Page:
DISCLAIMER: The following article should not be regarded as authoritative; it is simply the personal experience of the author and the result of recent controversy:
Antidepressants are one of the major medication classes used in the treatment of Bipolar Disorder; however, recently antidepressants prescribed along with mood stabilizers for bipolar patients have come under controversy. This controversy centers around the accusation that antidepressants cause patients with Bipolar Disorder to go into an episode of bipolar mania, and/or rapid cycling Bipolar Disorder.
Patients who present simply complaining of depression will, most likely, first be prescribed an antidepressant medication rather than a mood-stabilizer; however, in patients with true Bipolar Disorder, rather than simply depression, this frequently will cause the patient to go into a bipolar manic episode.
In treatment for Bipolar Disorder, the conservative approach is to first prescribe a mood stabilization medication prior to prescribing an antidepressant. If an antidepressant is then prescribed, the mood stabilizing medication should have the effect of moderating, or opposing, the antidepressant’s mania-inducing effects. The recent controversy arises over the issue of whether the antidepressant, in fact, "cancels out" the effect of the mood stabilizer.
Those in opposition to antidepressant use with patients who have Bipolar Disorder believe that antidepressant agents have been linked with the emergence of manic episodes in bipolar patients. The study of this issue, however, is complicated by the fact that bipolar patients who already suffer with depressive episodes run a baseline risk of switching to manic episodes. Of further concern are reports of the association between antidepressant use and the development of rapid-cycling Bipolar Disorder.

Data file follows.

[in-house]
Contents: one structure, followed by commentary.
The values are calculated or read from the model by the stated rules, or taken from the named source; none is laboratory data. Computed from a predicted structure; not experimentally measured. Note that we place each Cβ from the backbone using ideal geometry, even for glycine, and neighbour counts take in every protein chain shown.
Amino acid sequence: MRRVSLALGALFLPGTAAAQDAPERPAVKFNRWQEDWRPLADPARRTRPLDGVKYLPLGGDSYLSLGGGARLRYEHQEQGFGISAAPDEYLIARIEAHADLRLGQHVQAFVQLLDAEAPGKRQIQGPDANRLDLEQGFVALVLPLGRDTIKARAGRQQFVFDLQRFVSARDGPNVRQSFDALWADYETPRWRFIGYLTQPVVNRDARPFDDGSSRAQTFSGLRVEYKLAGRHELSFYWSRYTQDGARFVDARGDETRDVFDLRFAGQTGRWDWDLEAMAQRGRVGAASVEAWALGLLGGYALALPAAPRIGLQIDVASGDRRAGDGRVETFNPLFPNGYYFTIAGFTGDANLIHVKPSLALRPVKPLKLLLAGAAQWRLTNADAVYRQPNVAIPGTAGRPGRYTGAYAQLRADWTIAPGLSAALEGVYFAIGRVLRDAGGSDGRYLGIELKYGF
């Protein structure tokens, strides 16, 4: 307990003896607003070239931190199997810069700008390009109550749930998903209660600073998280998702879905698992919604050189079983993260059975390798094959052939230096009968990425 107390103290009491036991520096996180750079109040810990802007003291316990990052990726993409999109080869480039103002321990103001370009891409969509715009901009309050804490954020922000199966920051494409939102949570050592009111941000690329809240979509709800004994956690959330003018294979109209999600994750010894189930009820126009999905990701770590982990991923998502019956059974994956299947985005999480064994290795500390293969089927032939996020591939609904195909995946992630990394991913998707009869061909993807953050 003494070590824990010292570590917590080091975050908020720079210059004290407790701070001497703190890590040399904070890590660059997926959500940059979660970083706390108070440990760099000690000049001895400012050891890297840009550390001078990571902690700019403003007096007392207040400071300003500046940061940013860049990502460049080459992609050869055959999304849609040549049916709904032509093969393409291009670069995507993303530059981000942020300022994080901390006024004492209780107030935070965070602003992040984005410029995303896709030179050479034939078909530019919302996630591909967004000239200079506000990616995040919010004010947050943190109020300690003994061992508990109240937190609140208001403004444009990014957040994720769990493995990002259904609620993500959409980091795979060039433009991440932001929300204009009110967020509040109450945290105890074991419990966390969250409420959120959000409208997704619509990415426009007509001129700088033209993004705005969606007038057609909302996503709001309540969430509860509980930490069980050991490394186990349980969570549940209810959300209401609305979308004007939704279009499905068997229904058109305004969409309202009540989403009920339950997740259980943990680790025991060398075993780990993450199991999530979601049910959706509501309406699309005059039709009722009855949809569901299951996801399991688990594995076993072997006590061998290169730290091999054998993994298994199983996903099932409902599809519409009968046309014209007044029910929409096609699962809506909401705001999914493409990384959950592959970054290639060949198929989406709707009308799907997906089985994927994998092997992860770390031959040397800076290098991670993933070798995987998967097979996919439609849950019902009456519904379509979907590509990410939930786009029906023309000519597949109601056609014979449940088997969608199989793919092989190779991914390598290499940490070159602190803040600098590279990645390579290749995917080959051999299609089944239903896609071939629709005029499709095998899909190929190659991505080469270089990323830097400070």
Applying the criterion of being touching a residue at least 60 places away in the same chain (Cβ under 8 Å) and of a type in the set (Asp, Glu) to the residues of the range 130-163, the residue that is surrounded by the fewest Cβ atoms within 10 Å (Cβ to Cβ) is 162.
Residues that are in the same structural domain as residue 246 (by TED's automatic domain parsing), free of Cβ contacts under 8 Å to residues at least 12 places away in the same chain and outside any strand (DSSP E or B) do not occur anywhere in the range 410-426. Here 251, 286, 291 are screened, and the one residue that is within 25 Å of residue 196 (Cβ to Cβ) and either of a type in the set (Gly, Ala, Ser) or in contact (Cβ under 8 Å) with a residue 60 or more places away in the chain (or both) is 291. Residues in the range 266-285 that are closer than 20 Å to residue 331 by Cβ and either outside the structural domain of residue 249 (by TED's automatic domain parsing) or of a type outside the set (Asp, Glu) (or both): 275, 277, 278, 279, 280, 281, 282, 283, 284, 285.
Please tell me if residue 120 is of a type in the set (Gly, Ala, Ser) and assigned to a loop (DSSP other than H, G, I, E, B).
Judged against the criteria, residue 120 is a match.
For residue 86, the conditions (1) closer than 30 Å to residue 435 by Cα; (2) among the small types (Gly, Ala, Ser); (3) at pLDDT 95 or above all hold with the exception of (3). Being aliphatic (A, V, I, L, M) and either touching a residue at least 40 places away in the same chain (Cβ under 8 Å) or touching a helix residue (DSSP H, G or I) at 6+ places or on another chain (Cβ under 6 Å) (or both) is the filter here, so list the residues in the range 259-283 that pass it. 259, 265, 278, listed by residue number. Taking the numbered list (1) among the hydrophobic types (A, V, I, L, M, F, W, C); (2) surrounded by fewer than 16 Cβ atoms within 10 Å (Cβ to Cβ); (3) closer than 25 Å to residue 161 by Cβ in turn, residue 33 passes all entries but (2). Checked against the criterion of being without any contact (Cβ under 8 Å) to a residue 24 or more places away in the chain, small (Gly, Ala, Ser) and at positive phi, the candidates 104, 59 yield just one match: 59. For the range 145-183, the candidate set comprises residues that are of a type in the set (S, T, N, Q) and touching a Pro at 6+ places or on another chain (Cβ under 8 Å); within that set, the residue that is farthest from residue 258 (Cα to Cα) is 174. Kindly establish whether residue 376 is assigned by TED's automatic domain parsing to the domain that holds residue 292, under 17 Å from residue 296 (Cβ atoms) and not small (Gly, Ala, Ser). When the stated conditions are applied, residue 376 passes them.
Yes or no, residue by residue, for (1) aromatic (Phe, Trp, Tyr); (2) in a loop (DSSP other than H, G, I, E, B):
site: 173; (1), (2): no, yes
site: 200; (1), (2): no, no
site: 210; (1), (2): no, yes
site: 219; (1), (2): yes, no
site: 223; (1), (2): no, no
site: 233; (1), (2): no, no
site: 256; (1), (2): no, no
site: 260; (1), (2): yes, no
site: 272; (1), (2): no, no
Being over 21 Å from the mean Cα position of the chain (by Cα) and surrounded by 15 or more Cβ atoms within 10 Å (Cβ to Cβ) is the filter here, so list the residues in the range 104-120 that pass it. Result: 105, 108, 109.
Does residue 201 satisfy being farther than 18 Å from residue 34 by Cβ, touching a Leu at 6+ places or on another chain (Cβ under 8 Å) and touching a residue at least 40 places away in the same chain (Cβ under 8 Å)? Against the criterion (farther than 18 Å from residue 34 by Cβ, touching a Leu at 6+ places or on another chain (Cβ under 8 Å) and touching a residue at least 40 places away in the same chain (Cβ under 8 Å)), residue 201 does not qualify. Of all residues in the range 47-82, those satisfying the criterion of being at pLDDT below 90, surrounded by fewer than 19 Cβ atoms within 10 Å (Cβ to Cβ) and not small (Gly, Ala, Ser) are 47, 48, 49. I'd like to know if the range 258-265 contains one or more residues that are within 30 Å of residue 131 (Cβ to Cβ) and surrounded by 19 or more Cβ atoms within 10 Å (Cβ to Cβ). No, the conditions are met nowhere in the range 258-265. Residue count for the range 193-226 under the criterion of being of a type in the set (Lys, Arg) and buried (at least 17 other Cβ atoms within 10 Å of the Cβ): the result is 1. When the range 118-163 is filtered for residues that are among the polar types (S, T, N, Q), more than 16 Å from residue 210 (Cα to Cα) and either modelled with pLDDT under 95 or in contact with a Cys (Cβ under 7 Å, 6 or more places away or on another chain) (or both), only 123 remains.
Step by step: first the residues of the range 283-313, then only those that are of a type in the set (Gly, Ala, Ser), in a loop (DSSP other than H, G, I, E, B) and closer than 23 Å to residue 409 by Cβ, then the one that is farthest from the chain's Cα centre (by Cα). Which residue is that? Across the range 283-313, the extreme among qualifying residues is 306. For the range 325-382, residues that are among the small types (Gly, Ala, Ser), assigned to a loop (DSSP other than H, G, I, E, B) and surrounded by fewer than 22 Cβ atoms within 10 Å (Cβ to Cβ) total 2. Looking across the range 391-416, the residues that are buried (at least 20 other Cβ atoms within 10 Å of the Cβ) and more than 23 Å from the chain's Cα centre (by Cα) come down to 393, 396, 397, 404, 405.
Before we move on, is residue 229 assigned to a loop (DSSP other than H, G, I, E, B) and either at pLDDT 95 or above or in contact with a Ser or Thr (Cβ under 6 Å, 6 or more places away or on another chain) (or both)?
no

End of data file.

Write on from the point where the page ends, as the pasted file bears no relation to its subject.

Because of antidepressant use reportedly causing rapid-cycling Bipolar Disorder and/or bipolar manic episodes, it has also been hypothesized that use of antidepressants in bipolar patients may worsen the overall course of Bipolar Disorder in patients in whom mood stabilization medication is being prescribed.
Antidepressants have classically been prescribed for use in patients who present with anxiety. Basically, there are two ways to have anxiety with Bipolar Disorder. The first is as a symptom of the bipolar itself. Although anxiety is not clinically recognized as a symptom of Bipolar Disorder, it does present itself in the forms of agitation and irritability, which are symptoms of bipolar mania, and for which an antidepressant is usually prescribed. The second is to have anxiety as a separate condition, in which case its symptoms will not improve when the bipolar symptoms improve, which is going to require a separate treatment. And that really complicates things, because then the usual prescribed medication is antidepressants—and antidepressant medications in a patient with Bipolar Disorder, according to recent controversy, can make the bipolar worse!
Antidepressants prescribed for the bipolar patient is still surrounded by controversy. Some people with Bipolar Disorder are more sensitive than others. For some bipolar patients, there is no problem with taking both a mood stabilizer along with antidepressants; for others, taking antidepressants has had a negative effect, causing them to have rapid-cycling Bipolar Disorder and/or a bipolar manic episode. Research is still being done on the issue, and to date there is no conclusion to the controversy.